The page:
Equal opportunity enjoyment at Jefferson County Fair

August 24, 2005|by DAVE McMILLION

LEETOWN, W.Va. - Each year, the Jefferson County Fair gives dozens of youths the joy of showing farm animals they have worked to raise over the year and to enjoy each other's camaraderie.

Now, fair organizers are extending that opportunity to a new group of youths: those with disabilities.

This year's fair, which opened Aug. 19, marked the beginning of the Special Lamb Project, where 4-H members are paired with disabled children to raise livestock, said Jefferson County Extension 4-H agent Shanna Dick.

This year, three 4-H members each are paired with a disabled child to raise a market lamb to be sold at a livestock sale Friday at 7:30 p.m., Dick said.


The three pairs of youths started their projects in October by learning about animal ethics, record keeping and feeding, said Dick, who organized the program.

The teams received their animals in May and the lambs were raised on the property of the 4-H member, Dick said.

Dick said she wanted to start the program because she believed it would be an effective way to help children with disabilities learn life skills such as responsibility and money management.

Margaret Liskey said she sees enjoyment in the eyes of her 8-year-old niece, who has cerebral palsy.

Jordan Liskey enjoys running her hand over the wool on the lambs and she giggles during the animal's bath time, her aunt said.

The three pairs showed their lambs Sunday and the crowd gave them enthusiastic applause, Margaret Liskey said.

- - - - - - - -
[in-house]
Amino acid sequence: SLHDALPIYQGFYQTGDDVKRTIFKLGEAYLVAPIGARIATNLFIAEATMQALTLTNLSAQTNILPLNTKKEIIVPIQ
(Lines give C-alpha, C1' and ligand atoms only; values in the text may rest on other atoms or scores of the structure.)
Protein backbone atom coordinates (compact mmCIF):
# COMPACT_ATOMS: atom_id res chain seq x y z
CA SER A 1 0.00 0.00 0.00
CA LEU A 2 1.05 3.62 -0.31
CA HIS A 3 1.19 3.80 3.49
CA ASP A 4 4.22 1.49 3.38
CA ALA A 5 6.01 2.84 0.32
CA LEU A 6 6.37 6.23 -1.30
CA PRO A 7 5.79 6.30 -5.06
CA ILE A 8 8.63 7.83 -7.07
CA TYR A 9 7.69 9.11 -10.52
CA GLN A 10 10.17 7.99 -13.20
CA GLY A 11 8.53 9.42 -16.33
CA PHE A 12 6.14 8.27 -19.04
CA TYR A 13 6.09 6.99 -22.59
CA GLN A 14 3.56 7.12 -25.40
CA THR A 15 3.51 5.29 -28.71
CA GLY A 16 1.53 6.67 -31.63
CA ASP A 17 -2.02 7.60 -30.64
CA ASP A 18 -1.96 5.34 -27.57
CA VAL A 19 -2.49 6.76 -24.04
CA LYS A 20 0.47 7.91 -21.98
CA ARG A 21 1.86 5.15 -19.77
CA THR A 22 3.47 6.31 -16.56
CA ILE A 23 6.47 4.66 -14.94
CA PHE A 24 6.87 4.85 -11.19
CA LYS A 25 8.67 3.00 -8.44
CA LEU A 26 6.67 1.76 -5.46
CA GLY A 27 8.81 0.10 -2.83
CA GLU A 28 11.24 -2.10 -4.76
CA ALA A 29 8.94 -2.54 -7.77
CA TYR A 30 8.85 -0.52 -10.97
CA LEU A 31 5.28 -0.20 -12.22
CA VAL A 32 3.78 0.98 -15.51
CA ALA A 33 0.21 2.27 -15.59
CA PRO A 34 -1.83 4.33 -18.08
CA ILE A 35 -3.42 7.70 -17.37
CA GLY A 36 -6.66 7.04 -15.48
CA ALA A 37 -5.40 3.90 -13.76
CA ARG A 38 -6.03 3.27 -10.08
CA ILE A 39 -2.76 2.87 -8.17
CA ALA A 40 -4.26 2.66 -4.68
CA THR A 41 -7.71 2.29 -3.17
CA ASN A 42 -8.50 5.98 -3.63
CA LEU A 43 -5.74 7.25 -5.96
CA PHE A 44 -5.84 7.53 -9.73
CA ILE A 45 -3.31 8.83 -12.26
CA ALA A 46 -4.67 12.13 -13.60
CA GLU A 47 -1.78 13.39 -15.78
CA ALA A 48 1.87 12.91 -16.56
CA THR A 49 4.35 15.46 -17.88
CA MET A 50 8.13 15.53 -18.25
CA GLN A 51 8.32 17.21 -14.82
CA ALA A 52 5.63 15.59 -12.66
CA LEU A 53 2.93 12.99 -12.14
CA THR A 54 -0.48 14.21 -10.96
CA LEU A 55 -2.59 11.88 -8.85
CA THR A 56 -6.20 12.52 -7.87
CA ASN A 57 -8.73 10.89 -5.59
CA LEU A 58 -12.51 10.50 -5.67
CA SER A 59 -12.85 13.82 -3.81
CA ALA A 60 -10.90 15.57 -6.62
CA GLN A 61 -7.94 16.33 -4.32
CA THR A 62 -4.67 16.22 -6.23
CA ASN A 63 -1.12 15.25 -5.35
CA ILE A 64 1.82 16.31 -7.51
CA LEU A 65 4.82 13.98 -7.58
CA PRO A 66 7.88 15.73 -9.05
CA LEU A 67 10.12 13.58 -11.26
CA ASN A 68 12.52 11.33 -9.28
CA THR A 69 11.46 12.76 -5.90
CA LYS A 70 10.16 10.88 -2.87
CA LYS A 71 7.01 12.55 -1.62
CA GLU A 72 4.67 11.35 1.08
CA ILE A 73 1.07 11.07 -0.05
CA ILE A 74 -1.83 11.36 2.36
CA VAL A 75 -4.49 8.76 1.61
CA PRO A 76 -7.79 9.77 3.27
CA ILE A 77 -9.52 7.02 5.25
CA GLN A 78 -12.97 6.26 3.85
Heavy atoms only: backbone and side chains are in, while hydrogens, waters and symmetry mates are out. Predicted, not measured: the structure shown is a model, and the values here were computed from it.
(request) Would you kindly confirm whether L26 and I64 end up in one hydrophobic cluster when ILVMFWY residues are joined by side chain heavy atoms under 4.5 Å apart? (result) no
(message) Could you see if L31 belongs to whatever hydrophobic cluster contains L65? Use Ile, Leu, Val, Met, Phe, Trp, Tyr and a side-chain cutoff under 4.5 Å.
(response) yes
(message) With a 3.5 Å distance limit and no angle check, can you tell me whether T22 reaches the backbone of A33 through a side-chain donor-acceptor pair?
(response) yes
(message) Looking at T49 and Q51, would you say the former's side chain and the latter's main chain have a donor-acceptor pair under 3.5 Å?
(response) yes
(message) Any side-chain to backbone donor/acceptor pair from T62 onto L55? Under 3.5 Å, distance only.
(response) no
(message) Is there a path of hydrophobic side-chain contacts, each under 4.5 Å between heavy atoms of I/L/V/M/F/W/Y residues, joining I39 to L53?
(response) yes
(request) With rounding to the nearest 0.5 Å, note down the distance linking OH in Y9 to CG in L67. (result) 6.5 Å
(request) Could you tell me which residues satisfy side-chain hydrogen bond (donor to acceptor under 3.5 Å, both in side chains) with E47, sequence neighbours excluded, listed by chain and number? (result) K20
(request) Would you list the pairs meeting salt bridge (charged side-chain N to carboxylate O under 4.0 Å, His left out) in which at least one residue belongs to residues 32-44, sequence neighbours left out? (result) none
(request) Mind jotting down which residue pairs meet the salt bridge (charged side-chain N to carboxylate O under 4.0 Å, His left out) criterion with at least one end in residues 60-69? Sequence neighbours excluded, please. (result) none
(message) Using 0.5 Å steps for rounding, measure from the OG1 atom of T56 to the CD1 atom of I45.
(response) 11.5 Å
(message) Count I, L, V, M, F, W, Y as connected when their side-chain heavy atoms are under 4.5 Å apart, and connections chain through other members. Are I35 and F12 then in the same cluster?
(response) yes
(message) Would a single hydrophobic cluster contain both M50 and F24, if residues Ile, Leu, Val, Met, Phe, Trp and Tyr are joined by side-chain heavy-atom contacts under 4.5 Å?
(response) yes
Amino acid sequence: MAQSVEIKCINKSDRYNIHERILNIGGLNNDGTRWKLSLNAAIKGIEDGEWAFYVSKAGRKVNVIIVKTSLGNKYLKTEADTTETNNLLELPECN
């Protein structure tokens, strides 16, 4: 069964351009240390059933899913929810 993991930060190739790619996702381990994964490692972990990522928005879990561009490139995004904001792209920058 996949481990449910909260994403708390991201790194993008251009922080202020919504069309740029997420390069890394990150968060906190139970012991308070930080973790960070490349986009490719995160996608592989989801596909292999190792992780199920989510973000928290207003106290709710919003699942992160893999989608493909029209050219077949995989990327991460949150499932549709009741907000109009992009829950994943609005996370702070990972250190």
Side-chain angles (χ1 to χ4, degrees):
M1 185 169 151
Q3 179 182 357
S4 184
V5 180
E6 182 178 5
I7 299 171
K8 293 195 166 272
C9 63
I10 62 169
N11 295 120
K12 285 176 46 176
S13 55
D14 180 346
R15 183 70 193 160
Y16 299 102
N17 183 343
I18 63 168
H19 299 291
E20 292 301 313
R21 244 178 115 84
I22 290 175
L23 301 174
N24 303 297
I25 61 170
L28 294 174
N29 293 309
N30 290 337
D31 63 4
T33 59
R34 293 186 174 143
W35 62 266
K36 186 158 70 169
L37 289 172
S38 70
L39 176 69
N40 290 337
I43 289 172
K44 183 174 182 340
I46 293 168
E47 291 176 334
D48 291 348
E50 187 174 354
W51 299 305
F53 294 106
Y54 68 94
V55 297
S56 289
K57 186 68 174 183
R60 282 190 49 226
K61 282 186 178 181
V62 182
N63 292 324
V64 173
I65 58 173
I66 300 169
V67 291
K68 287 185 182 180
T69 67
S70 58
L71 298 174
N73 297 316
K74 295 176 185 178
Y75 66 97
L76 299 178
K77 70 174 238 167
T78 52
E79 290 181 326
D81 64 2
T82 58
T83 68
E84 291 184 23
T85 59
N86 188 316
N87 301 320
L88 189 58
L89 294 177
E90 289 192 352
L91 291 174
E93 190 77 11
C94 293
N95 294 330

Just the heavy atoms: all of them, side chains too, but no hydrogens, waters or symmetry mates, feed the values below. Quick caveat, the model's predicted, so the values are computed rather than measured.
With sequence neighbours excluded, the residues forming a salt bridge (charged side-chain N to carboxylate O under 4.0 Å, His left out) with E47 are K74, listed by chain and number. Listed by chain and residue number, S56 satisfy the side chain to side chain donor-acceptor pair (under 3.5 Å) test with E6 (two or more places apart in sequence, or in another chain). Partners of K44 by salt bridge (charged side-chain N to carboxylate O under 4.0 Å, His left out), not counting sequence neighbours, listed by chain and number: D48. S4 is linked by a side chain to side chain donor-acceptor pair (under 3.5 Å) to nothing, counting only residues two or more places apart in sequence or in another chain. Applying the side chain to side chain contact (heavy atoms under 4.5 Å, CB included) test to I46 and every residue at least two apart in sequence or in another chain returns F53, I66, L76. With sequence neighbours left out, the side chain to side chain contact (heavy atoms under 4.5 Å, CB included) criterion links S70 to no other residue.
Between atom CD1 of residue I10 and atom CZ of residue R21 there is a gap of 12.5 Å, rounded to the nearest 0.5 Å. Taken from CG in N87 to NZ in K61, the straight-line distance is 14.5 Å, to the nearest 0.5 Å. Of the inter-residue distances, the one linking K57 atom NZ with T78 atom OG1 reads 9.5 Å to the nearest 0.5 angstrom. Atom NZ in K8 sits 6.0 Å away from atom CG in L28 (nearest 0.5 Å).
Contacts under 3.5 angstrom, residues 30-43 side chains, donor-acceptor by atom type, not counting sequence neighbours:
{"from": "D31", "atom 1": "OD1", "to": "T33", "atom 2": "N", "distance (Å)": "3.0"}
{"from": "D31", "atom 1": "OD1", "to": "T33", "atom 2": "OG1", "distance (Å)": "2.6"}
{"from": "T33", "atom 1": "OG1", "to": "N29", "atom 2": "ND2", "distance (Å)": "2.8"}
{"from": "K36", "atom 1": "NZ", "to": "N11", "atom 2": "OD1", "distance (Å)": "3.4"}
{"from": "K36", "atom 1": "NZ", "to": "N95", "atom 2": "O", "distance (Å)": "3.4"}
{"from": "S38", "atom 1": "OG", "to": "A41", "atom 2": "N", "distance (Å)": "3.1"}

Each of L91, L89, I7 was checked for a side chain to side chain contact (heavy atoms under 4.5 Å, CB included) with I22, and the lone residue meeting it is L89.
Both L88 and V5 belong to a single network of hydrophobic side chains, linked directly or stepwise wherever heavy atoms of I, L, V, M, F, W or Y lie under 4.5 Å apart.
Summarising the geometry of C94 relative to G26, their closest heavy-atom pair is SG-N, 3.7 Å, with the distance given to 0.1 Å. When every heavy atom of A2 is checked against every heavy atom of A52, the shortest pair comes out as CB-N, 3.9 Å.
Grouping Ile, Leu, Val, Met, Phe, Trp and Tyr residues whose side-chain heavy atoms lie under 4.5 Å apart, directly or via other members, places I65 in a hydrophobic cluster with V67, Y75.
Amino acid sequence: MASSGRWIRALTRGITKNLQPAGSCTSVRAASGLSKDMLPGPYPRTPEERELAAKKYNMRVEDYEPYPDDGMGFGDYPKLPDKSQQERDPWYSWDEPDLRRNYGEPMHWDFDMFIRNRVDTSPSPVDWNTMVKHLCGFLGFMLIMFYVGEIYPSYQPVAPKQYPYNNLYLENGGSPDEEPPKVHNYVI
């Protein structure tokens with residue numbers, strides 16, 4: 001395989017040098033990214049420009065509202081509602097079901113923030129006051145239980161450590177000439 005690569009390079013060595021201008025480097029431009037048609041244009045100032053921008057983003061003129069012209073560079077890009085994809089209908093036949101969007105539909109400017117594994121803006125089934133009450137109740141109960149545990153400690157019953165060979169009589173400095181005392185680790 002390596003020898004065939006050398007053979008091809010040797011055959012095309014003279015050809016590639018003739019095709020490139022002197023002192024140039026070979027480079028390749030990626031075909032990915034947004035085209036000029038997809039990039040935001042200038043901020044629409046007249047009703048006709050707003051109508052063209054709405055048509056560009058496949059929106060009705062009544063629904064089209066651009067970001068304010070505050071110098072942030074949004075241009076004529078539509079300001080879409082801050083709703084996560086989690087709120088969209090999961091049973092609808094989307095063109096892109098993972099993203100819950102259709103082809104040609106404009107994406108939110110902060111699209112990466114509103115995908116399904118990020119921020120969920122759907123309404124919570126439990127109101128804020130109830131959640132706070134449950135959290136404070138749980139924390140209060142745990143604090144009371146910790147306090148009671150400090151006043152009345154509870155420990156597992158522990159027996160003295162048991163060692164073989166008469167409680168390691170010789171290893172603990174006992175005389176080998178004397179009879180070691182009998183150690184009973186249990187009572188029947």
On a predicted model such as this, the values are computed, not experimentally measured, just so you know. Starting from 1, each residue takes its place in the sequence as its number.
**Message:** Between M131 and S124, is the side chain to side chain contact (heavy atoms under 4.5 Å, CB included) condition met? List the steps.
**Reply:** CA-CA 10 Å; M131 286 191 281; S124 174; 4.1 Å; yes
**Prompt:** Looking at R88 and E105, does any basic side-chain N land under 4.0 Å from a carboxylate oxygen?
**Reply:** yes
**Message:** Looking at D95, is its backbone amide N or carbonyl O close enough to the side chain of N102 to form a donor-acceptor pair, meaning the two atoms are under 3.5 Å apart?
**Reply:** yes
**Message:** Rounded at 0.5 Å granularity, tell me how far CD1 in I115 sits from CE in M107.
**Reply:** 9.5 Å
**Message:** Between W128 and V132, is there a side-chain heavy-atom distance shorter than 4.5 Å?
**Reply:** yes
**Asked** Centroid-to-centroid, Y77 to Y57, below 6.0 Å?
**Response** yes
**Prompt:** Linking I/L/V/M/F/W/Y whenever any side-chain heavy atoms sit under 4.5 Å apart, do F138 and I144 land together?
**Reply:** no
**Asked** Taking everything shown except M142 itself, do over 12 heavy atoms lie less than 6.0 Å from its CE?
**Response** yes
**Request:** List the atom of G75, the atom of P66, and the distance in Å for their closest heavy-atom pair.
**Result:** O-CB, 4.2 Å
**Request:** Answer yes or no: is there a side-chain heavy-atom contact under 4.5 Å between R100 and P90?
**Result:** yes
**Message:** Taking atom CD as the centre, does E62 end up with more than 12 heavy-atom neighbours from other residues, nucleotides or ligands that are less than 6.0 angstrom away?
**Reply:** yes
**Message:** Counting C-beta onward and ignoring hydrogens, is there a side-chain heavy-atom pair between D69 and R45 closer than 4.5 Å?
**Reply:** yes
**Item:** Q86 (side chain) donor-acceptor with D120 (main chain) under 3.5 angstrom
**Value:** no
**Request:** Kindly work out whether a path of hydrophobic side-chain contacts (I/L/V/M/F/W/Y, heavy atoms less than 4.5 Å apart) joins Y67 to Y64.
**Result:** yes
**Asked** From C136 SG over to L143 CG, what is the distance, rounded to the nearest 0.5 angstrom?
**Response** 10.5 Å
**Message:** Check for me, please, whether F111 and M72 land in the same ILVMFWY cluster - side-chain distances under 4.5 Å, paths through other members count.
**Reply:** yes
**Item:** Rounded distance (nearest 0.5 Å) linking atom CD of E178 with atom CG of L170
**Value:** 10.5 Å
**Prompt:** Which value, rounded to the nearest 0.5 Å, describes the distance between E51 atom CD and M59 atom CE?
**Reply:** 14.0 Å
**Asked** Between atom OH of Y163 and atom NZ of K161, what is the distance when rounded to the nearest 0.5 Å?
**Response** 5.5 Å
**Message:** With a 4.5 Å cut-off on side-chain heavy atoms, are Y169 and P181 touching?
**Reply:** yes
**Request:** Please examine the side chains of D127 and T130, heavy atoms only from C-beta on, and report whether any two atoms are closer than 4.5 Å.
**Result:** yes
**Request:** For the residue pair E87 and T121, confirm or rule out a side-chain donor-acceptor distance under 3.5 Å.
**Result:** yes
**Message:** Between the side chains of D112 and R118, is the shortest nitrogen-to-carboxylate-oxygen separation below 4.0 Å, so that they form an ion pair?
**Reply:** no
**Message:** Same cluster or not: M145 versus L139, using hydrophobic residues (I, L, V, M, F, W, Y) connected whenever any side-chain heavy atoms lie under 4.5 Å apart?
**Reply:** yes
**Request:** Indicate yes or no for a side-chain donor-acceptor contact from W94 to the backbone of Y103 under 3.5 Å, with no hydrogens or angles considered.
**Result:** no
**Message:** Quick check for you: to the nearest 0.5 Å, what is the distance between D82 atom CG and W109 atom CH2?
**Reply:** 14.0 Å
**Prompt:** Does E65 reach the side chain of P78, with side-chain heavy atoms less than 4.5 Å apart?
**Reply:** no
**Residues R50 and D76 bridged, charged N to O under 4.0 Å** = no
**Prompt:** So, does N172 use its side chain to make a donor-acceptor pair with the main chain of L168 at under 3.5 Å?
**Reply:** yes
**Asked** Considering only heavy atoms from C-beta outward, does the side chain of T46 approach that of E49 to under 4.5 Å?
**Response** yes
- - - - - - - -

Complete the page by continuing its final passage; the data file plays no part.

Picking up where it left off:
She was awed by it. She joined in and clapped, too," Margaret Liskey said.

Disabled children are not the only ones who benefit from the Special Lamb Project, Margaret Liskey said.

Children without disabilities might act gruff or standoffish with disabled children, but Liskey said she believes the project will teach children to be patient with disabled children.

Samantha Cogle, 12, who was paired with Jordan, knows what it has done to her.

"I felt I got closer to her," Samantha said.

The Special Lamb is similar to Saddles and Smiles, another program for disabled children organized by Dick.

In Saddles and Smiles, disabled children are brought to the fairgrounds on a regular basis to ride horses, Dick said. In the rides, the disabled child sits in the saddle and one parent walks along on one side of the horse and a 4-H club member walks along on the other side, Dick said. Another 4-H member leads the horse.

In the winter months, the rides are given at a private indoor arena in Charles Town, W.Va., Dick said.

The Saddles and Smiles program includes an educational component in which the children learn about animal care, Dick said.

Now that two programs have been started, more than 60 disabled children are involved in 4-H, Dick said.

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